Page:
For the love of pen & paper

Ramanaiah's diaries document the history of Jagityal, besides his own life and work.

By Author  |  Published: 14th Feb 2017  9:50 pmUpdated: 14th Feb 2017  10:08 pm
Historian Jaisetti Ramanaiah. Photo: By Arrangement

Jagityal: It is rare to find people who write by using pen and paper. Rapid development in the technology — especially smartphones, notebooks, laptops and computers — brought massive changes in the lifestyle of even lower middleclass people. Everything is being noted down in either smartphone or other electronic gadgets.

As against the existing practice, a renowned historian Dr Jaisetty Ramanaiah puts his thoughts on the paper and also continues to write the diary regularly. Though he wrote a number of books, he never used computers. He even does not know how to operate cellphone, computer and other electronic gadgets.

Besides writing, he has also been maintaining his diaries of last 60 years. The 77-year-old retired reader in history, Ramanaiah got addicted to writing a dairy in 1957, from his school days, and is continuing the practice till date.

A resident of Jagityal town, Ramanaiah converted all the diaries into two volumes of 1,000 pages — while 600 pages of first volume consists of day-to-day happenings from the year 1957 to 2000, the second one from 2000 till date are stored in 400 pages.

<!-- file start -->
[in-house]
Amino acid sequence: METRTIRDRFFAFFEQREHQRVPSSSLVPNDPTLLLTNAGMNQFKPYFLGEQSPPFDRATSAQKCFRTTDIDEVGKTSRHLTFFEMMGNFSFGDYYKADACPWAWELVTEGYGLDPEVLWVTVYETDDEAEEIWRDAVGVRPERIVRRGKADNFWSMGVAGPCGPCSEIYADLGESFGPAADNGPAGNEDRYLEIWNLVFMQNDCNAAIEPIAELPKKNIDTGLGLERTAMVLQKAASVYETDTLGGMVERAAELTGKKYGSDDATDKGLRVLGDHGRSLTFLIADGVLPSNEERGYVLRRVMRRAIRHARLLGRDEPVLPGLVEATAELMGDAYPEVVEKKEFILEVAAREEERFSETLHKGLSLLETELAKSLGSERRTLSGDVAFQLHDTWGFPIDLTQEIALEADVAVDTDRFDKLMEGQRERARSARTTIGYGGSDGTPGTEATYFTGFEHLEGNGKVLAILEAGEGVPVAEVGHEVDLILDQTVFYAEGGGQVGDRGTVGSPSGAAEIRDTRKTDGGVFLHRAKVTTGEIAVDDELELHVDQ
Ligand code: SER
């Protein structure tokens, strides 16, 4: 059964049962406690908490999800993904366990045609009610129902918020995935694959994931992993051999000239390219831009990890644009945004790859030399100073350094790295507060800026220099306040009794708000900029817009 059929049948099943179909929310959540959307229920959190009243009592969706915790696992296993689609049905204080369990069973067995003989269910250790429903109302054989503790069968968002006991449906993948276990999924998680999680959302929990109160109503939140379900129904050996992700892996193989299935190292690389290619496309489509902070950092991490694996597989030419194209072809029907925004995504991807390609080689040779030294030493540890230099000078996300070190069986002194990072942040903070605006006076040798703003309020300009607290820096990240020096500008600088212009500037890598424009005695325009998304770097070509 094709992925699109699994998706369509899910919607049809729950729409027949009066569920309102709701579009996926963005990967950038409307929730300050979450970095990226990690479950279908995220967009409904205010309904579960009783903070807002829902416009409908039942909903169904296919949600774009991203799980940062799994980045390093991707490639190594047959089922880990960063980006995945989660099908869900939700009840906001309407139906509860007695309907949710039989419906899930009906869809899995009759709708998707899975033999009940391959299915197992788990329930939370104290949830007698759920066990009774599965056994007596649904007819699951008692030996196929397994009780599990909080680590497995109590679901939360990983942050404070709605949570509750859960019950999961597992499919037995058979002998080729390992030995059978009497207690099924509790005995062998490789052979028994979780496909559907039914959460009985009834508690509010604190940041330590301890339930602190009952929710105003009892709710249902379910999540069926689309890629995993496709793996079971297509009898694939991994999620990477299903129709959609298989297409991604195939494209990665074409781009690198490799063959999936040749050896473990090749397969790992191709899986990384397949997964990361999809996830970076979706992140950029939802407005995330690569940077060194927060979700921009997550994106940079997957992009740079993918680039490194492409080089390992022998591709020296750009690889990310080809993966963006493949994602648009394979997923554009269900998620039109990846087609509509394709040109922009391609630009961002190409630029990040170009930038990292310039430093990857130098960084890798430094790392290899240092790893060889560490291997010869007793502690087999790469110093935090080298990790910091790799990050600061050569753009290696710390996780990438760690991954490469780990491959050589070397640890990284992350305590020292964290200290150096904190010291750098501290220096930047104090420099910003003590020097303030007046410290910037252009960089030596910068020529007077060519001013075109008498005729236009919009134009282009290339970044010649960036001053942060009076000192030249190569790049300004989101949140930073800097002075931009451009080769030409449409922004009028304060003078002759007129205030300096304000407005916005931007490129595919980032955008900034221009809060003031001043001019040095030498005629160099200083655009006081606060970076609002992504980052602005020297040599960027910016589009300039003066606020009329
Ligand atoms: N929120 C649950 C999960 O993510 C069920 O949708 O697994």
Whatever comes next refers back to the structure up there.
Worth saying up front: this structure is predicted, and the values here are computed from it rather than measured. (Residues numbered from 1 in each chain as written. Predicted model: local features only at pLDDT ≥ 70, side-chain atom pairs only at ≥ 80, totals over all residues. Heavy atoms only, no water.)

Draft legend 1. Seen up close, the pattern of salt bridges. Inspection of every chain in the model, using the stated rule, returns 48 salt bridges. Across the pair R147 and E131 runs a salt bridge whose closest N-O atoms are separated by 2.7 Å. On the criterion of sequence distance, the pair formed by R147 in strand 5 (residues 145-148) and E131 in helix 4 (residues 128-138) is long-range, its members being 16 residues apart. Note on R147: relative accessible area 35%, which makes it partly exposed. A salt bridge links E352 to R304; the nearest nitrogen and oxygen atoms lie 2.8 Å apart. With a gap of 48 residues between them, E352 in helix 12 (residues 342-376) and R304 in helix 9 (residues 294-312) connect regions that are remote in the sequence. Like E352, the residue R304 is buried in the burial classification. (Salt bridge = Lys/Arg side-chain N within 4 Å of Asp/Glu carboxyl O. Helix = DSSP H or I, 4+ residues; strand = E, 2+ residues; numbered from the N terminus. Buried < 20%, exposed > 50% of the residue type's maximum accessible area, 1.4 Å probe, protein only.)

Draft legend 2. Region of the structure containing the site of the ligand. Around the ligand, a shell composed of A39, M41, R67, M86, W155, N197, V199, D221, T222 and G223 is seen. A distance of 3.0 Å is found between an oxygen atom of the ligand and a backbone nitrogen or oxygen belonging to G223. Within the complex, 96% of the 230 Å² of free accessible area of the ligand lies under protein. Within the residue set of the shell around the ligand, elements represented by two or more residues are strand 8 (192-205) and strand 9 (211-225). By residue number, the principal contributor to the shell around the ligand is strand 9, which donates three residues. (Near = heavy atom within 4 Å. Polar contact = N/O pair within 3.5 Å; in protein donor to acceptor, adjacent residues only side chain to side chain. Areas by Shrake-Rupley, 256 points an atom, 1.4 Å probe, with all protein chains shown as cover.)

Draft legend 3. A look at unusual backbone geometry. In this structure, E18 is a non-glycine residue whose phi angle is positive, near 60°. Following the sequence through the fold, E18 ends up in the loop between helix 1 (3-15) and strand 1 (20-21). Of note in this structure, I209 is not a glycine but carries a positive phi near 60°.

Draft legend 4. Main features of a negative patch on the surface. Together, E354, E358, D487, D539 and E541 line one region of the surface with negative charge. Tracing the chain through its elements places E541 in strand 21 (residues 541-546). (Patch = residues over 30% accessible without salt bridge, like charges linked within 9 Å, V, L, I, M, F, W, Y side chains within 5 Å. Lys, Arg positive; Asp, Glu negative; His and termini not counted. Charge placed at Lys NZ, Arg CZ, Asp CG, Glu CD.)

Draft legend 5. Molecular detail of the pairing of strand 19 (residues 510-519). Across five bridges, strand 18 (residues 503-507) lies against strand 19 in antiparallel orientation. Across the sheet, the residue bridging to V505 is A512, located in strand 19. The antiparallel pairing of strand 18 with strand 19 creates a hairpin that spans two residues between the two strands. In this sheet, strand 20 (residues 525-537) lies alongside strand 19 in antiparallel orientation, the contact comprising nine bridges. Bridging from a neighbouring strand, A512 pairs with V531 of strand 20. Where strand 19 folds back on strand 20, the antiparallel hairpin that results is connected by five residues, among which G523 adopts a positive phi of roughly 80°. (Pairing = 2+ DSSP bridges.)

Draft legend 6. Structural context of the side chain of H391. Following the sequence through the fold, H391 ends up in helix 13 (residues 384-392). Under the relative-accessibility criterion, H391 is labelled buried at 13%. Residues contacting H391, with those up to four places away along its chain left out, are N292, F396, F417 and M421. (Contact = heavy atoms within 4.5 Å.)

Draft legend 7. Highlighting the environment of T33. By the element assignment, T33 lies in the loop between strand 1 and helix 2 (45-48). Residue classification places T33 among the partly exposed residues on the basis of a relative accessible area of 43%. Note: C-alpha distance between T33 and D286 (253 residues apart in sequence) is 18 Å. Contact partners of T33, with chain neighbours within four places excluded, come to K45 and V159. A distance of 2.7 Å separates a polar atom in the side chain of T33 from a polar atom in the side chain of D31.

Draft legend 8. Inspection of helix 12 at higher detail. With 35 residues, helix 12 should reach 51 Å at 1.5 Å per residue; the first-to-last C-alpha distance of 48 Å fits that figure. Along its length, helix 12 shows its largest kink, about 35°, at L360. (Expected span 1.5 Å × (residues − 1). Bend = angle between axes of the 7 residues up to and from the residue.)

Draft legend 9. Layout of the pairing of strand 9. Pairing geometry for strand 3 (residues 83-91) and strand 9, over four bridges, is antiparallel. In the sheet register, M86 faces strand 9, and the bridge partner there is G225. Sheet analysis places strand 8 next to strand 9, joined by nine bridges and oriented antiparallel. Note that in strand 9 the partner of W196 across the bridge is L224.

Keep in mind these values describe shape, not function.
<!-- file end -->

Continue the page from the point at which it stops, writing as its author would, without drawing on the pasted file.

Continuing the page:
Sharing thoughts on his diary writing habit with Tabloid Today, Ramanaiah informed that with a passion to develop writing skills, he started writing a dairy. “I am so addicted to it now that I won’t sleep without writing diary,” he informed.

The diaries not only have his personal experiences, but also focus on several issues such as social, cultural, educational, spiritual and other factors of Jagitial and the region. In a way, it is a documentation of the history of Jagitial besides his own life and work. His diaries could be a source material for budding research scholars of MPhil and PhD from various universities.

Besides maintaining a dairy, he also likes collecting literary letters, and clippings of important events that took place in the State, national and international levels. All these clippings were divided into three volumes while literary letters were compiled into six volumes.